Everyone has an opinion about unions, especially now that the Governor of Wisconsin is in a standoff with the government unions there.
I have a personal union experience that soured me to them. It was 1980 and the Daily News was hiring about 200 editors and writers to create a new afternoon edition. At 32, I was one of the newly hired writers. Practically from day one, there was talk about the new venture failing because the paper was in financial straits. I worked like a demon, writing nonstop to show my editors how valuable I was. They appreciated me, both for my output and attitude. I figured that if the afternoon edition folded, I could work on another section of the paper.
I had to join the writer’s guild. No choice. Meantime, many writers who had worked for the paper for decades, sat around smoking, loafing and turning out mediocre stories. (The paper was in bad shape because it had no energy or vision at the top, as well as tired, unmotivated writers and reporters.)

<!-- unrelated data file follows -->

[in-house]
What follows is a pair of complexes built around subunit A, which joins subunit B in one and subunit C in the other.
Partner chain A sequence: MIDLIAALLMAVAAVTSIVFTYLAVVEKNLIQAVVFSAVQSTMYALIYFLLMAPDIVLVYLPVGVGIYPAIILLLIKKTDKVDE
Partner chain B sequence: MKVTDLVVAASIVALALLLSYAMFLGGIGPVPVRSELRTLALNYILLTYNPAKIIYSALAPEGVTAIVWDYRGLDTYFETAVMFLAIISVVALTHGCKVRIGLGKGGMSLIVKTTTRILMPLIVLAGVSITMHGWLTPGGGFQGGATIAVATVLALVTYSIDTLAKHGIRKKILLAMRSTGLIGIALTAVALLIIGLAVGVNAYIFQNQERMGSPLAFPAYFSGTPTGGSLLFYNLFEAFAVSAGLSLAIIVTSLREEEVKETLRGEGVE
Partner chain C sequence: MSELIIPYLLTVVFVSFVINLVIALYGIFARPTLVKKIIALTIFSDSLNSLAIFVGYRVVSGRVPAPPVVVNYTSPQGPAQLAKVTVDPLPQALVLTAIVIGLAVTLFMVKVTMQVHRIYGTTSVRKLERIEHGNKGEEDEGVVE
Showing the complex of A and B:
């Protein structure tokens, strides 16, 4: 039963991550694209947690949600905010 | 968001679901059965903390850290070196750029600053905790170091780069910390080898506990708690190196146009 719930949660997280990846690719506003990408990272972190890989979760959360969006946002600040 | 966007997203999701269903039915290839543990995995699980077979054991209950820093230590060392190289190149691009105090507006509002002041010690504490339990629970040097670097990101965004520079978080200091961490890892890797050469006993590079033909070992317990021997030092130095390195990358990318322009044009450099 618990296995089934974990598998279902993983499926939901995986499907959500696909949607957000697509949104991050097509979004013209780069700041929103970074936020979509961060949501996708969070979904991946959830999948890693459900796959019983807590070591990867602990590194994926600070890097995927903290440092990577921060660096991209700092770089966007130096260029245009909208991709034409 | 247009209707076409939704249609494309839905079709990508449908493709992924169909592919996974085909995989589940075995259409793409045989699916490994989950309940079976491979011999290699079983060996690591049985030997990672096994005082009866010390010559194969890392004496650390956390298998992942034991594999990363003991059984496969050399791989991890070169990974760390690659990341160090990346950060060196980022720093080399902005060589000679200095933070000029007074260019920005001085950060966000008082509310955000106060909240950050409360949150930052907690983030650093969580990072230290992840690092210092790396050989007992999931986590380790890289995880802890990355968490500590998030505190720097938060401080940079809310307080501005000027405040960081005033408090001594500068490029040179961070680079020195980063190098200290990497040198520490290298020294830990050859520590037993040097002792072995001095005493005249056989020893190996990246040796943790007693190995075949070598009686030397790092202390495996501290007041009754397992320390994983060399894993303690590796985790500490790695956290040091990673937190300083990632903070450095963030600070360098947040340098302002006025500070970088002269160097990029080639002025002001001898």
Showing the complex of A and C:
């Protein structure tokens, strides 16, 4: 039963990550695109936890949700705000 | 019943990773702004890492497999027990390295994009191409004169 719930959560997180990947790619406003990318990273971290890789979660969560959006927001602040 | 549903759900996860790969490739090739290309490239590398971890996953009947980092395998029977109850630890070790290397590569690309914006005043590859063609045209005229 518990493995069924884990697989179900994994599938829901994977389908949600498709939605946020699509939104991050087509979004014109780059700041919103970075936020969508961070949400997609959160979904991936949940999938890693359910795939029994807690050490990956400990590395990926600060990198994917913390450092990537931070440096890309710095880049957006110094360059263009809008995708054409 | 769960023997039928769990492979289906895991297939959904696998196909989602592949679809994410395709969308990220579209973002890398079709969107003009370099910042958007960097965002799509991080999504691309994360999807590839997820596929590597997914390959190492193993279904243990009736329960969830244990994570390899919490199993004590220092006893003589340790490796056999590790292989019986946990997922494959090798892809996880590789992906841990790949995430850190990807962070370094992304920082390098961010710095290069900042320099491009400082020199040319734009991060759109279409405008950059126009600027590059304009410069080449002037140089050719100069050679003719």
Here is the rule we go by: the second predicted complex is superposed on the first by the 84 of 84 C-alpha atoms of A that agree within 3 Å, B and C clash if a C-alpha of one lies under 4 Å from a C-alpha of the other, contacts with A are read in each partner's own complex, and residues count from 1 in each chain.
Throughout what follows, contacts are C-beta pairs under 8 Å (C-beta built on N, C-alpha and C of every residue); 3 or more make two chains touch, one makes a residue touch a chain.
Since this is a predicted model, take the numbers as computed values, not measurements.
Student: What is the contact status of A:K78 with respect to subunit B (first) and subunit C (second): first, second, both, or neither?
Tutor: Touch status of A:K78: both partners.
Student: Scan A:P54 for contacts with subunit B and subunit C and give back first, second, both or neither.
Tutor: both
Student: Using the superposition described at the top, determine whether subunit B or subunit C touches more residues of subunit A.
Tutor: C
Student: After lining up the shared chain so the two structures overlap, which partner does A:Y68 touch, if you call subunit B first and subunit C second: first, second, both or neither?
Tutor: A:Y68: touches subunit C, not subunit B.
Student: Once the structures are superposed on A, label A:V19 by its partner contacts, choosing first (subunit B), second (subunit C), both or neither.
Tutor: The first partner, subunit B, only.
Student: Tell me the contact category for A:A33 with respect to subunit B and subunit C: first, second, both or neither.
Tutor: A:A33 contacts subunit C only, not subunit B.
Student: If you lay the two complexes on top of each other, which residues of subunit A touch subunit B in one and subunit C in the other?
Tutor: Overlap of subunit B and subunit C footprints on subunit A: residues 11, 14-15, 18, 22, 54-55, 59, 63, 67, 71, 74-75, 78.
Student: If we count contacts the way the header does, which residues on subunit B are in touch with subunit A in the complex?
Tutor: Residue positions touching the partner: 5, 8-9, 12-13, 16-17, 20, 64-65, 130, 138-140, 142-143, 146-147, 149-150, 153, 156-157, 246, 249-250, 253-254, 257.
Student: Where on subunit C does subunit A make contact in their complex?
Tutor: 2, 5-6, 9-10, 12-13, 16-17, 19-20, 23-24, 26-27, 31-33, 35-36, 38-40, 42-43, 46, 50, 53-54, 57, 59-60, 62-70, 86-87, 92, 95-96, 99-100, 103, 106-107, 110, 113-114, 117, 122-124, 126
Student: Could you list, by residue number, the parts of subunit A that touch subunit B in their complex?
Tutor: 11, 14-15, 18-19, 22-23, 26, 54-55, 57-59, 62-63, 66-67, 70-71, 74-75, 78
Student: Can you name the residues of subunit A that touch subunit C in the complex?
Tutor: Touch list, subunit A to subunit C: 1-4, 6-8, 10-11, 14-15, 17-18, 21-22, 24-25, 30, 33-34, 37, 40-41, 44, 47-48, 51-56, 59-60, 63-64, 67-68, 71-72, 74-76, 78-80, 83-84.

The old-time crew wasn’t worried about being laid off. Their tenure protected them. Only the newbies would be let go if there were cutbacks. One of the tenants of all unions is based on a principle called LIFO, which means Last In, First Out. It’s quite difficult for management to fire long-term employees, except if they commit egregious acts.
I could have been Mark Twain. When the Daily News had to cut back expenses, I was dismissed. (I also was seven months pregnant.) I was invited back to work a year later. “We thought you were so great, we hated to let you go. But we’d love you to come back now,” Terry, the editor, told me. Ironic that management had thought I was great, but the union wouldn’t/couldn’t protect me.
I was flattered, and I thought long and hard about returning, but I decided “no thanks.” The paper wasn’t in any better shape and there was nothing to prevent a repeat performance of what happened the previous year.
If a company is good to its employees, its employees will be good in return, I strongly believe. The burden of responsibility should be on both managers and employees to be the best they can. Collective bargaining doesn’t automatically mean collective intelligence.